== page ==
U.S. Humanitarian Assistance to Those Affected by the Conflict in Syria
Under Secretary for Civilian Security, Democracy, and Human Rights
Kelly Clements, Deputy Assistant Secretary of State for the Bureau of Population, Refugees, and Migration; and Mark Bartolini, Director of the Office of U.S. Foreign Disaster Assistance
MS. CLEMENTS: Thank you, Maria. As you may know, more than a 117- to 125,000 Syrians have fled to neighboring countries. Everyday more are crossing borders seeking safety. And in the course of just one night, nearly 1,300 Syrians arrived at Turkish camps, and there are now reports of upwards of 8,500 Syrians who crossed the border into Lebanon in the last 24 hours.
For this reason, our support is crucial to ensuring that basic needs are being met. The governments of Turkey, Iraq, Jordan, and Lebanon, as Maria said, have borne a significant financial burden, and we commend them for their generosity, but they are not alone. We were pleased to announce during the Syria Humanitarian Forum in Geneva earlier this week that the United States is providing an additional $6 million to bolster the humanitarian response for this crisis. This brings the total amount of U.S. assistance in 2012 to nearly $64 million and more is coming.
Our approach is to work through international organizations. This strengthens our ability to deliver humanitarian assistance because these organizations had staff and infrastructure in Syria and neighboring countries prior to the start of the conflict, which can be well-utilized in current efforts with the civilians in need. Humanitarian assistance is provided on the basis of need, not political affiliation, and is being distributed to the most vulnerable through UN agencies and other international and local nongovernmental organizations.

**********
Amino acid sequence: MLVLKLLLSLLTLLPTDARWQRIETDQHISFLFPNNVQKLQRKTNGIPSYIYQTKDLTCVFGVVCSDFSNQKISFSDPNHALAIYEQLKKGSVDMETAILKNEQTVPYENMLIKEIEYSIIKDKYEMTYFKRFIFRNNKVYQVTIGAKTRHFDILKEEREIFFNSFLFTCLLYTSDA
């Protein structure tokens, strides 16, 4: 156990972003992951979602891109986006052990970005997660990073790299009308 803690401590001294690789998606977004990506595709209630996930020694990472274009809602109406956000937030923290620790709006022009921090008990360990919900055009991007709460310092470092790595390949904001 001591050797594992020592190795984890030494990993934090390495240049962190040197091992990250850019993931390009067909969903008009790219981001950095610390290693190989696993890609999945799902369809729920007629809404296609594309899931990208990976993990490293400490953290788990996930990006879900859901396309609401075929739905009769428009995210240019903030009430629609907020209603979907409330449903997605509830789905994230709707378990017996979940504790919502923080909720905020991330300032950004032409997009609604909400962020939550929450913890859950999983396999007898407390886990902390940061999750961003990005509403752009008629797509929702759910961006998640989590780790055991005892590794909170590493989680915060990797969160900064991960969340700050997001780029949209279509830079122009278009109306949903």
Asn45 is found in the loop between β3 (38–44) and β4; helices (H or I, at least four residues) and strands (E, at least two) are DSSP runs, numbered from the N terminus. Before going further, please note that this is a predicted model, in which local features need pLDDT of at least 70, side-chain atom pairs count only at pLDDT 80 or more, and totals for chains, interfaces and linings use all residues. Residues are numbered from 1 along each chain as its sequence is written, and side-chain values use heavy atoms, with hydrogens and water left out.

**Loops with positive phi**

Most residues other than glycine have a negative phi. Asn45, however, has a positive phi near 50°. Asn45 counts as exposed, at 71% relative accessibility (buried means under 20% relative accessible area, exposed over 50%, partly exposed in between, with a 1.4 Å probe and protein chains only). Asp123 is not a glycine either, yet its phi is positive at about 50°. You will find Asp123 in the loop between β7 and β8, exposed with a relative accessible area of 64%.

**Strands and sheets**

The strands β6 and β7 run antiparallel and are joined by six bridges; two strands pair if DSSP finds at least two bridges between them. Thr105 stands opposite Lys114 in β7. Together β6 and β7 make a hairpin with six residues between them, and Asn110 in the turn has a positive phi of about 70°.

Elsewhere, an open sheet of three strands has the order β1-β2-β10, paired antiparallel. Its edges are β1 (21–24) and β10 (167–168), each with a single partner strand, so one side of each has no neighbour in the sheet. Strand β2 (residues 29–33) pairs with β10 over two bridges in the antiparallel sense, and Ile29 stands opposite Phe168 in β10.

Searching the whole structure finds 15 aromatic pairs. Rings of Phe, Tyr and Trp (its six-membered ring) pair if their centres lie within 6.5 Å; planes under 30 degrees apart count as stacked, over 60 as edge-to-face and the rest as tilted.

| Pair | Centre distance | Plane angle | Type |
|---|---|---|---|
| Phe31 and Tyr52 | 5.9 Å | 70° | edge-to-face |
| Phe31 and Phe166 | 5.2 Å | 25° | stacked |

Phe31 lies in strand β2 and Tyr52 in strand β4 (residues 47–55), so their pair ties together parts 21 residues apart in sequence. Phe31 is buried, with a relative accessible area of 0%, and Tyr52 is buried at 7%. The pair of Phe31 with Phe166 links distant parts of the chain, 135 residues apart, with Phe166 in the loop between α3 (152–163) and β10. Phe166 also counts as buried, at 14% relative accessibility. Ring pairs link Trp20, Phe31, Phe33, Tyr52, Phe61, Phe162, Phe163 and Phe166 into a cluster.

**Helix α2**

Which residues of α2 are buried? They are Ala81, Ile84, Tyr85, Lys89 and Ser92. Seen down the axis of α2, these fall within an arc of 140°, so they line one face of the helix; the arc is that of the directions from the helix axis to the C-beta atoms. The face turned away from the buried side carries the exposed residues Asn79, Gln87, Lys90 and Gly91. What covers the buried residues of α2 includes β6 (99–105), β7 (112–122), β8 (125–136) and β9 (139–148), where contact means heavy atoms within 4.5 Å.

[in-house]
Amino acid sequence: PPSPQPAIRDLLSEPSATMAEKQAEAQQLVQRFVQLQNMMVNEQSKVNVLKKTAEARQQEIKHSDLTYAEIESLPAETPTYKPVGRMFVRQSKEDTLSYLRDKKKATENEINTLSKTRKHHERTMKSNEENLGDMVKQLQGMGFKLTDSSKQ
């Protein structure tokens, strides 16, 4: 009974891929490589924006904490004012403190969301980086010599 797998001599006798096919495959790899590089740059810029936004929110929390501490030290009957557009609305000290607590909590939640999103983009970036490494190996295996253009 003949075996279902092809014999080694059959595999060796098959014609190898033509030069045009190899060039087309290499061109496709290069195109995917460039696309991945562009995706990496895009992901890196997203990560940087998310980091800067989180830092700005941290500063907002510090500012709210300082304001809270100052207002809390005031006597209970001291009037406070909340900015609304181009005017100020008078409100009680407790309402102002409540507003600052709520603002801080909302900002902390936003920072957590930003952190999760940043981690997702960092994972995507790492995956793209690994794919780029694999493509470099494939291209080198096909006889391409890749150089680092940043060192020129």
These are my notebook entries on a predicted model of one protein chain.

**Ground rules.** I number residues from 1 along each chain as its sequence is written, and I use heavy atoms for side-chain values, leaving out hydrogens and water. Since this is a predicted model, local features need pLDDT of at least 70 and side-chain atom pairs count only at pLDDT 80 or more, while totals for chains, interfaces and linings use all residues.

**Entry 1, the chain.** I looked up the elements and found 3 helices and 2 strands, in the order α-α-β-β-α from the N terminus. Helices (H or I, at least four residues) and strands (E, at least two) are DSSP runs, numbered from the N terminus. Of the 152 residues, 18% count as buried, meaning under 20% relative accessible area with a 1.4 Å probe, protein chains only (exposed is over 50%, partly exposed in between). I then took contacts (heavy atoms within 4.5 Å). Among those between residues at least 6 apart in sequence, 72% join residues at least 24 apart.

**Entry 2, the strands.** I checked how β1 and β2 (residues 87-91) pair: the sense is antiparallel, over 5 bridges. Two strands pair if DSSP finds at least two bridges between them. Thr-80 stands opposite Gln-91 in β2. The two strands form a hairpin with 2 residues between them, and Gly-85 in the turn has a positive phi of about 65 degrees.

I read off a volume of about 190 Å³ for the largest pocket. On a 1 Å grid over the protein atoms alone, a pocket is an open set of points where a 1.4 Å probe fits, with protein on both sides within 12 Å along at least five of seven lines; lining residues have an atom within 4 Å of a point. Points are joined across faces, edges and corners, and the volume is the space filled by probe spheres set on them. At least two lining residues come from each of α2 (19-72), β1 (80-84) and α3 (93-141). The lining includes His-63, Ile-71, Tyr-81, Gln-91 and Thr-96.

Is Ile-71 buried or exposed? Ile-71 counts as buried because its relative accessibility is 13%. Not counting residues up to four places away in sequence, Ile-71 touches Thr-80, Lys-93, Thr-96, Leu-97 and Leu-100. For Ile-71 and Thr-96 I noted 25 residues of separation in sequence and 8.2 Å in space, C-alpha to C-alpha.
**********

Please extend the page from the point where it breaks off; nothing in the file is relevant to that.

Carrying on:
Working together, the Syrian Arab Red Crescent and ICRC, as well as UNICEF, World Food Program, UNHCR, and UNRRA, and other international and local NGOs. Inside Syria, lack of access due to violence by all parties remains the number one limiting factor for humanitarian assistance. International humanitarian agencies simply are unable to reach those most in need. We urge all parties to facilitate unimpeded access to affected areas and populations for humanitarian agencies, including the SARC, to enable humanitarian assistance to reach individuals in need.
As a prerequisite for humanitarian assistance, it is essential that all parties respect the impartiality and neutrality of humanitarian workers who daily risk their lives to save others. And we condemn the recent killing of a fifth Syrian Arab Red Crescent member, a volunteer who lost his life assisting others while wearing a uniform clearly marked with the Syrian Arab Red Crescent emblem. We will continue our support for those affected by the violence in Syria, even as we look forward to the day when all Syrians can live in a free, democratic country.
And I’ll now turn it over to my USAID colleague, Mark Bartolini, for some comments, and then we’ll take your questions.